Ratio of Debt-to-Income

Your ratio of debt to income is a tool lenders use to determine how much money is available for your monthly mortgage payment after you meet your various other monthly debt payments.

How to figure the qualifying ratio

For the most part, conventional loans require a qualifying ratio of 28/36. An FHA loan will usually allow for a higher debt load, reflected in a higher (29/41) qualifying ratio.

The first number in a qualifying ratio is the maximum amount (as a percentage) of gross monthly income that can be applied to housing (this includes mortgage principal and interest, PMI, hazard insurance, property taxes, and homeowners' association dues).

The second number in the ratio is the maximum percentage of your gross monthly income that should be applied to housing expenses and recurring debt together. For purposes of this ratio, debt includes credit card payments, vehicle payments, child support, and the like.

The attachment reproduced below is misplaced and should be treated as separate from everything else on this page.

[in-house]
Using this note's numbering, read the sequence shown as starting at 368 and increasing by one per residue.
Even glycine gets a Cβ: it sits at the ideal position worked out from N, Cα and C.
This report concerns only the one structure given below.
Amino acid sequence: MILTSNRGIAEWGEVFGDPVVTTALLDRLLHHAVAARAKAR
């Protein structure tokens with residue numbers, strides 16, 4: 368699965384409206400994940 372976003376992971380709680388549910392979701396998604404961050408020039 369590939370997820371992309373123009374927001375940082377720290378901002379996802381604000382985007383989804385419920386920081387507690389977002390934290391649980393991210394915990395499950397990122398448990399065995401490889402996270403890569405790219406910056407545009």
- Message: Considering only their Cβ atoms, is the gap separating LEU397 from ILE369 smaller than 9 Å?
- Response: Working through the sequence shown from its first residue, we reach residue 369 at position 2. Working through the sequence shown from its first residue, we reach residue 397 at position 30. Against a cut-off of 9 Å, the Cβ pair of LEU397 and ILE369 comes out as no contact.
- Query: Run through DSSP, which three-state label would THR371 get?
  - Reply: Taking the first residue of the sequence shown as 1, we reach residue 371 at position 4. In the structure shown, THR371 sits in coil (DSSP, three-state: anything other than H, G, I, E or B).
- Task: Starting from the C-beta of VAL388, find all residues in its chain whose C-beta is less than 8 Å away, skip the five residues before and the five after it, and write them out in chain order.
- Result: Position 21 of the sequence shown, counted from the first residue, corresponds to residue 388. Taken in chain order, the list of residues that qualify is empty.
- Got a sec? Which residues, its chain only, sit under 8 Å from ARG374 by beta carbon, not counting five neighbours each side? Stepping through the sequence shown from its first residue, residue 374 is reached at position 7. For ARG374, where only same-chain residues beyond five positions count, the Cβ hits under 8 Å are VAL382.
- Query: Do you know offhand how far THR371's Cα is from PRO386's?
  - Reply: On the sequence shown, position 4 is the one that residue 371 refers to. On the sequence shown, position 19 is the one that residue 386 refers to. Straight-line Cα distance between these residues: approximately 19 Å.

For example:

A 28/36 ratio

  • Gross monthly income of $8,000 x .28 = $2,240 can be applied to housing
  • Gross monthly income of $8,000 x .36 = $2,280 can be applied to recurring debt plus housing expenses

With a 29/41 (FHA) qualifying ratio

  • Gross monthly income of $8,000 x .29 = $2,320 can be applied to housing
  • Gross monthly income of $8,000 x .41 = $3,280 can be applied to recurring debt plus housing expenses

If you'd like to calculate pre-qualification numbers on your own income and expenses, feel free to use our very useful Loan Qualification Calculator.

Guidelines Only

Don't forget these ratios are just guidelines. We will be thrilled to pre-qualify you to help you determine how much you can afford.

MidTowne Mortgage can walk you through the pitfalls of getting a mortgage. Call us: (478) 746-2063.

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